Thriving through apocalypse

So. How do we survive apocalypse?

I’m not gonna play around as the white [manly-enough] privileged dude to pretend that I’m the one to tell you the answer to that.

And, I’m a psychotherapist, so yeah it is my responsibility to support folks in surviving whatever or whomever is trying to kill them

And, I’m a queer psychotherapist, so y’all, Listen Up!

This is a PSA for all who are wondering what the heck we can do when our guts are screaming CODE RED like we might never get to drink coffee again

(sorry if you hadn’t thought about that)

Or eat pizza, or ice cream (don’t worry those aren’t going anywhere)

I’m just saying this is a PSA for all who are wondering

Like, what’s the protocol for apocalypse?

What the [eff] are we supposed to do?!!

If you’re really wondering,

you know already

Between us, I think we already have what it’s gonna take

And lots of us – WAY more of us than the news will ever let us know –

Are already doing what it’s gonna take

And, I know lots of us are feeling lost and kinda – a lot – scared

So this poem’s for us

(In addition to a PhD in clinical psychology I’m also a pastor’s kid so I know sometimes I get a little preachy but just humor me and roll with the ideas)

I’m gonna try to synthesize – sum up and highlight important parts of – some of the wisdom that brilliant indigenous folks have been conjuring up for millennia, and more recently adrienne maree brown gathered into her books emergent strategy and pleasure activism

on how to survive the end of the world

OK first I need to rephrase my question cuz I’m all about surviving

But I am All About thriving

How can we thrive through apocalypse?  

How can we school that apocalypse so good that every filthy rich wall street magician turns his multiple mansions and estates into gardens run by school kids growing veggies and herbs they deliver to homes for the elderly who are out to pasture in dream homes where they can pass along their stories to the youngsters who bring them dinner?

  1. Think about what you love, and what will give you pleasure in the long run. Do it.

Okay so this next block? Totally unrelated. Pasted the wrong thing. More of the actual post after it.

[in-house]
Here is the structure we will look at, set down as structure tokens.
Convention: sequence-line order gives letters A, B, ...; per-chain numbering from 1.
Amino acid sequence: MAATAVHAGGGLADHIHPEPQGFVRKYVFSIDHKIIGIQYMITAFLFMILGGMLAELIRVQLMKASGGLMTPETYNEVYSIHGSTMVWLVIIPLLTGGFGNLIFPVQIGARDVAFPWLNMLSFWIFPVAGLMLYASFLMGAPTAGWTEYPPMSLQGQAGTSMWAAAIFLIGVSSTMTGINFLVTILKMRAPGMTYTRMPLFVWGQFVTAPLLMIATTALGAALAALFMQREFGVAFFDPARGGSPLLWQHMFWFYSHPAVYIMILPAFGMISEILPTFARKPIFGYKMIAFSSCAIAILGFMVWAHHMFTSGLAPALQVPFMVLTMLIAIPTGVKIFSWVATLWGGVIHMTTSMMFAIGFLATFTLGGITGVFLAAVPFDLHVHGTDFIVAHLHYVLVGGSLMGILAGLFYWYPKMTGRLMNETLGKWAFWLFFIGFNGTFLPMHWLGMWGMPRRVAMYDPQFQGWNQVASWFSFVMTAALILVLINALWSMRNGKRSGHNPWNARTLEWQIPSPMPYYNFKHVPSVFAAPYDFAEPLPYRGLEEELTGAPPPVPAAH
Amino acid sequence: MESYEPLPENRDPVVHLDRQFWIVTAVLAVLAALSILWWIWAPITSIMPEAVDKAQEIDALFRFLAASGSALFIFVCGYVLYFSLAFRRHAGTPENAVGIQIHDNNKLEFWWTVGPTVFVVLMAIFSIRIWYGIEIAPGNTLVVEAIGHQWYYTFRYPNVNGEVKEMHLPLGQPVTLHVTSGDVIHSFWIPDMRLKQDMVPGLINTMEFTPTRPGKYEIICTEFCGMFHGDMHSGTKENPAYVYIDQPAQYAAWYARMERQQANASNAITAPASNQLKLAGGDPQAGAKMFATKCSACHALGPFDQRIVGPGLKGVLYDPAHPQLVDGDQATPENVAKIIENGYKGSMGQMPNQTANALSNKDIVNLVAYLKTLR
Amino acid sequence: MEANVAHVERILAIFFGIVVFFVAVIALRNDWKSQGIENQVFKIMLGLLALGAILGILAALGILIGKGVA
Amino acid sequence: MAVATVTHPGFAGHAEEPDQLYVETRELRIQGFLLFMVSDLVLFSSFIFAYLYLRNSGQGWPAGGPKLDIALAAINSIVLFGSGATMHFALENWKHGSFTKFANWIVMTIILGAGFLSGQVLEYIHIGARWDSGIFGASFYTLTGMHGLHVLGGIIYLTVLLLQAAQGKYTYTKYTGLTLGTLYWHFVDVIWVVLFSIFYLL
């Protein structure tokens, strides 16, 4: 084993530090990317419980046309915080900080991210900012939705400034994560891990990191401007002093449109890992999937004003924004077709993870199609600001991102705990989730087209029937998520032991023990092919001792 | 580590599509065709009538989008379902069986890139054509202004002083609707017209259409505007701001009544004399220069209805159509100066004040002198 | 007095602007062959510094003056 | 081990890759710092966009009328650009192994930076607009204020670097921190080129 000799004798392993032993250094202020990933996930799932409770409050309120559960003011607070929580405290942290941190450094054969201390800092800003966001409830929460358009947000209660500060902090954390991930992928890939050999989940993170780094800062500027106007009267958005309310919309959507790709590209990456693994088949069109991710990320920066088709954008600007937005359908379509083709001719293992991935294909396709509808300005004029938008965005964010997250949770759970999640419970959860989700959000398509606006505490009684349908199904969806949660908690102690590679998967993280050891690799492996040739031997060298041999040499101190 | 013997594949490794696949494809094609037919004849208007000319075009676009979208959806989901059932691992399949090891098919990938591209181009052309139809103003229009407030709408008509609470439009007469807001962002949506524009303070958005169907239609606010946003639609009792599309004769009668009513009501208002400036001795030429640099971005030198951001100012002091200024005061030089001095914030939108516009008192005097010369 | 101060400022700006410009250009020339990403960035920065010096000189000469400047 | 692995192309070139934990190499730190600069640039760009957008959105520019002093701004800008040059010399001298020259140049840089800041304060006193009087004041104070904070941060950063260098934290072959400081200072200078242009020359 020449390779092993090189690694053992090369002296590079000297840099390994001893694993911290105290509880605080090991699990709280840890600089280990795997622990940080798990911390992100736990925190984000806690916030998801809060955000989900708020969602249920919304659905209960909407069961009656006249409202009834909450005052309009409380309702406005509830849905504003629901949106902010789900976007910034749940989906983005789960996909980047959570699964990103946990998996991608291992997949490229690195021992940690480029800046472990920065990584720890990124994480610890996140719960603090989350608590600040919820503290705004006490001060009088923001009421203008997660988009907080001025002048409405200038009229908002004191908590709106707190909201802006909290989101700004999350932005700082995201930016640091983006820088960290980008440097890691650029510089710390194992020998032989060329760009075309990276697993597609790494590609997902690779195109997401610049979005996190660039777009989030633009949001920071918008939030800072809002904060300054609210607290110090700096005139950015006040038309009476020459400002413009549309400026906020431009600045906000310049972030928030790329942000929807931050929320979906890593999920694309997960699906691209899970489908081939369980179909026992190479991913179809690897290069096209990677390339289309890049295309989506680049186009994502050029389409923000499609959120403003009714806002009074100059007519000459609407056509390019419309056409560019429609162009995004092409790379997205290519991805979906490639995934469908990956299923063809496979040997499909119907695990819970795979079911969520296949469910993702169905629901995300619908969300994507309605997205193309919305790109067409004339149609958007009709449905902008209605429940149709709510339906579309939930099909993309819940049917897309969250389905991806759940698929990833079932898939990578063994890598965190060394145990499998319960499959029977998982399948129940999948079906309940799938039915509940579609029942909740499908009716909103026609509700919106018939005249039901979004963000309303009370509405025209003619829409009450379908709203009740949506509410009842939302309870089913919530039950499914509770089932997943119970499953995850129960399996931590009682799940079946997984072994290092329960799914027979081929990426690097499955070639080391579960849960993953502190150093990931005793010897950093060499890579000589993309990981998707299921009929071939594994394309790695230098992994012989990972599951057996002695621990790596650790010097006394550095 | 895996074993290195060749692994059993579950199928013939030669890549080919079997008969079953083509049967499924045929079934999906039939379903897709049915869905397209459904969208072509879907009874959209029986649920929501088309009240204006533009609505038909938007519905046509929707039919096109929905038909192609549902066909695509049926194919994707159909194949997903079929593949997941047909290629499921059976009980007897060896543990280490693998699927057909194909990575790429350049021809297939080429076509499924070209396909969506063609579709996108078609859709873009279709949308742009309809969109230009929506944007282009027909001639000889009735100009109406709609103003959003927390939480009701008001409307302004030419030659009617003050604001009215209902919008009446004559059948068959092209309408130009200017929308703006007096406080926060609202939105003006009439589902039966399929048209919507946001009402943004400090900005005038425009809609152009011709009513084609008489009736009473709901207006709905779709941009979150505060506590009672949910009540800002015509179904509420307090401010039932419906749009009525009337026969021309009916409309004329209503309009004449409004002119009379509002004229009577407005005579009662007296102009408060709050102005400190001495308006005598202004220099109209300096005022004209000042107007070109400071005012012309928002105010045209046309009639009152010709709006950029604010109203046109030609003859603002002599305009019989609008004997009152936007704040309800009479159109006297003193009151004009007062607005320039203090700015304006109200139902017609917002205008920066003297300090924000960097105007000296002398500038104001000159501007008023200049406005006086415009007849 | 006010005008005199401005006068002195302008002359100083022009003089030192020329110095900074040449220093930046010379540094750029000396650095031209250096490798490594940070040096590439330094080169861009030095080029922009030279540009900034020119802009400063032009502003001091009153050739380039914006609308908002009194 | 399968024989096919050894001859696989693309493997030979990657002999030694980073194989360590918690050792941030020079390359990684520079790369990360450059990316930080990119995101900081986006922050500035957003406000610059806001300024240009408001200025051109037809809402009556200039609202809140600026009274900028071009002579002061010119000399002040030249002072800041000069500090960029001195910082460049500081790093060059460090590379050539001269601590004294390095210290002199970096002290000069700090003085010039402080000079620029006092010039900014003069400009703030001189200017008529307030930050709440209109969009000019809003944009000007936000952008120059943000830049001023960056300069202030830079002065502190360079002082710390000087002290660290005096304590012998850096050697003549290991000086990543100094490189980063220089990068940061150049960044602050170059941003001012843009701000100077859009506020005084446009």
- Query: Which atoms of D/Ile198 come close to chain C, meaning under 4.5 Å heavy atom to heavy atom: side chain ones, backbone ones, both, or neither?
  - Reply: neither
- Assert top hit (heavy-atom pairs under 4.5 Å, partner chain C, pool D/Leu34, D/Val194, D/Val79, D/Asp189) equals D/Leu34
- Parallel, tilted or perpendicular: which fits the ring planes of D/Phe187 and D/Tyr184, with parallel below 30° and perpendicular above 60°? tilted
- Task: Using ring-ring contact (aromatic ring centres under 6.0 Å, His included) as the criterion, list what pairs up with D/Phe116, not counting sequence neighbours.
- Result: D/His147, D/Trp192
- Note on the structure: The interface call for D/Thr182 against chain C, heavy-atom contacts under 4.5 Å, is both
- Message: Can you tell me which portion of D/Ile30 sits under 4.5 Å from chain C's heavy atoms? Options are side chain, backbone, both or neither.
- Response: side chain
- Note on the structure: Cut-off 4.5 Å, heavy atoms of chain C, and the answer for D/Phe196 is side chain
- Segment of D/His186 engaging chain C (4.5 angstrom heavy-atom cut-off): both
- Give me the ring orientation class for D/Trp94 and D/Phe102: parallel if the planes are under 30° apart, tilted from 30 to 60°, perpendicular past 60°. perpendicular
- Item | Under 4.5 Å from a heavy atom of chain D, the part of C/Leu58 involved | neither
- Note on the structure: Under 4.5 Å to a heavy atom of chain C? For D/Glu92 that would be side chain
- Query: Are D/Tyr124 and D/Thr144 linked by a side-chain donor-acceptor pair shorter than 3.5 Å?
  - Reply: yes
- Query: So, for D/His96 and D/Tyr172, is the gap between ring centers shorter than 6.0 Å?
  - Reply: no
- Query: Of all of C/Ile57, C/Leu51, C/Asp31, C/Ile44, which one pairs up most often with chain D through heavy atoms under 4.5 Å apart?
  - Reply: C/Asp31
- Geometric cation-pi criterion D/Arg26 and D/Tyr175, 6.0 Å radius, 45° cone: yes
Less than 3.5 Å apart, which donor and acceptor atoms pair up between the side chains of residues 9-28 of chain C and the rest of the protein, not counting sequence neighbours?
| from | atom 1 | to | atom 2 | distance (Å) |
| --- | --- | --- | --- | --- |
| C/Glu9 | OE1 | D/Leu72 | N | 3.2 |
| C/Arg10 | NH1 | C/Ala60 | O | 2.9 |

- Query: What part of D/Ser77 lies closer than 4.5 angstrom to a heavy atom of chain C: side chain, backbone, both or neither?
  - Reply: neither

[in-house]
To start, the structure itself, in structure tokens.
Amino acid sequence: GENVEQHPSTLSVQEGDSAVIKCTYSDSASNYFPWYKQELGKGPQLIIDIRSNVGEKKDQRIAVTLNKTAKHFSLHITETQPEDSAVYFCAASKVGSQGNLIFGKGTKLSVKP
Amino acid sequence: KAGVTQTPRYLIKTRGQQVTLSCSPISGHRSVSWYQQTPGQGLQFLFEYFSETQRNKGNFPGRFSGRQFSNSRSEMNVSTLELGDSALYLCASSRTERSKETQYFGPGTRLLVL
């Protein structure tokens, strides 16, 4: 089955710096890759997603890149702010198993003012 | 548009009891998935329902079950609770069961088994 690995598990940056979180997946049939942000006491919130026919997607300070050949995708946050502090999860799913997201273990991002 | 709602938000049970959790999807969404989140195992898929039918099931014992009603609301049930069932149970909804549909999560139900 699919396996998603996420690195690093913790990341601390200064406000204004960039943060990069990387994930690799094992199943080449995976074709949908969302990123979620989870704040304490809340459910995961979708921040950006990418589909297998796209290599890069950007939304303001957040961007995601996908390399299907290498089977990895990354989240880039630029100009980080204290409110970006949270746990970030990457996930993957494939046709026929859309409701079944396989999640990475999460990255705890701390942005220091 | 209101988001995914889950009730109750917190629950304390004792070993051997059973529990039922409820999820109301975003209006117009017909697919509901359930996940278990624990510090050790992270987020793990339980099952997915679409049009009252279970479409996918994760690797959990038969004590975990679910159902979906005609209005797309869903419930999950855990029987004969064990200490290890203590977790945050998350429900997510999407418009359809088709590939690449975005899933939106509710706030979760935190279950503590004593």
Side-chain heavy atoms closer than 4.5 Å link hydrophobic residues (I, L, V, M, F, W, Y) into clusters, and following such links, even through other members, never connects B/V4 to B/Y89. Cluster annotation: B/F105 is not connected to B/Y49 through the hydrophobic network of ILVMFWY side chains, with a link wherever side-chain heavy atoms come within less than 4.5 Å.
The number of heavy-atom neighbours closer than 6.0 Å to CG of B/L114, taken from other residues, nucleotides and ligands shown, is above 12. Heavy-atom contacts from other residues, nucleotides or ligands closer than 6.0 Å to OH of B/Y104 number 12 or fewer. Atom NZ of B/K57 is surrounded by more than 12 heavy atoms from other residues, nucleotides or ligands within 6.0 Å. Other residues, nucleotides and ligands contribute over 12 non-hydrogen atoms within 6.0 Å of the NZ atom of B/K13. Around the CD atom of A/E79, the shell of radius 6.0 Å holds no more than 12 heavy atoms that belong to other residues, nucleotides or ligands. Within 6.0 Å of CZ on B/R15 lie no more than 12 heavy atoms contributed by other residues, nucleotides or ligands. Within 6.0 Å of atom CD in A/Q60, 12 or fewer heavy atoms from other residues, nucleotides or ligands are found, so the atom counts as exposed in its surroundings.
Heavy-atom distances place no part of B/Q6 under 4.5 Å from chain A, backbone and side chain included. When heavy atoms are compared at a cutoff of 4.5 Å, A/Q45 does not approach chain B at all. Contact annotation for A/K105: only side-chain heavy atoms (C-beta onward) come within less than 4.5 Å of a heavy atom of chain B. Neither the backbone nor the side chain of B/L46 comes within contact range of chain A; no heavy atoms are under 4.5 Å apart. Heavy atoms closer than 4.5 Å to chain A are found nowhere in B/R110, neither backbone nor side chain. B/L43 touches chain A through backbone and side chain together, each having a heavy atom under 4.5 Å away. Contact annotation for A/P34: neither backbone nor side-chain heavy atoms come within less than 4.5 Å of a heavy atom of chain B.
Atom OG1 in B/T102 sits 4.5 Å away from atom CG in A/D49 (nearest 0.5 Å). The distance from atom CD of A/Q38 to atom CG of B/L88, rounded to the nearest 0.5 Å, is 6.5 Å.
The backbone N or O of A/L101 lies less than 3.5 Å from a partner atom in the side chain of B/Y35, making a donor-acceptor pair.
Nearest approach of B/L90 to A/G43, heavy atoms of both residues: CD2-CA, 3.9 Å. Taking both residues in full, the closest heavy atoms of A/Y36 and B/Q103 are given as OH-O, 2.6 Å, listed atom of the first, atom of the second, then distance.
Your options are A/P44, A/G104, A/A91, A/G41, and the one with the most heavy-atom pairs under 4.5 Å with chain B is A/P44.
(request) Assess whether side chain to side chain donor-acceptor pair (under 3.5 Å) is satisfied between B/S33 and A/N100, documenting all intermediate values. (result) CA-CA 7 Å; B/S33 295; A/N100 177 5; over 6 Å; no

1. In moderation, in the ecosystem congruity with everything else that you love doing, live saying ‘yes!’ and ‘no’ always in the service of ‘yes’ to what is life-giving
  2. Notice what feels like it really works. Notice what makes you feel like you can do it, like you’re capable and competent, ready to learn, connected with others who are learning.
    1. Try and do those things – that make you feel capable and competent – for other people too. When you don’t feel capable and competent, stop! Say no, in service to your ‘yes’ to what helps you know you can do it
  3. Pay attention to what you pay attention to – do you want more or less of it in the world? If less, pay attention to it less; if more, you know!
  4. Listen. To what makes it easier, to what makes it harder, that can be the same thing, we learn as we go. It’s about adapting, and we might learn the same thing, many times 😉 Let everything teach you.
  5. Think of yourself like an oak tree, covered in trampoline – whatever doesn’t help you grow, let it bounce off; what does, absorb it in, let it go down to your roots, which are intertwined with lots of others’ roots
    1. If someone hurts you, they hurt all of us, and they need to repair the damage they did to the ecosystem
  6. Because all of us need all of us. Independence is a complete illusion born of imperialism. Interdependence is the way this entire universe has always – will always – function.
  7. Which is pretty handy, because if you ever feel out of ideas, connect with somebody. Brainstorm, imagine every possible solution and then create some more possibilities.
  8. As you’re doing all of this, make sure to make time for reflection, writing, document your data.
  9. When you find solutions, practice them; when you’re exploring solutions, experiment, mess around see what works and learn from what doesn’t.
  10. So I know this piece got a little abstract but I hope I could condense the basic tenants of emergent strategy that adrienne maree brown has gathered and presented for us. The last overarching theme underlying everything is, live with intention. What we do, how we live, how we relate to other people, matters. Do it on purpose.

I’ll close with a quote from the book: “The future is not an escapist place to occupy. All of it is the inevitable result of what we do today, and the more we take it in our hands, imagine it as a place of justice and pleasure, the more the future knows we want it, and that we aren’t letting go.”


Published by kris gebhard

Kris (pronouns they/them) is a clinical psychologist, poet, percussionist, and gardener currently residing in Chicago, IL.

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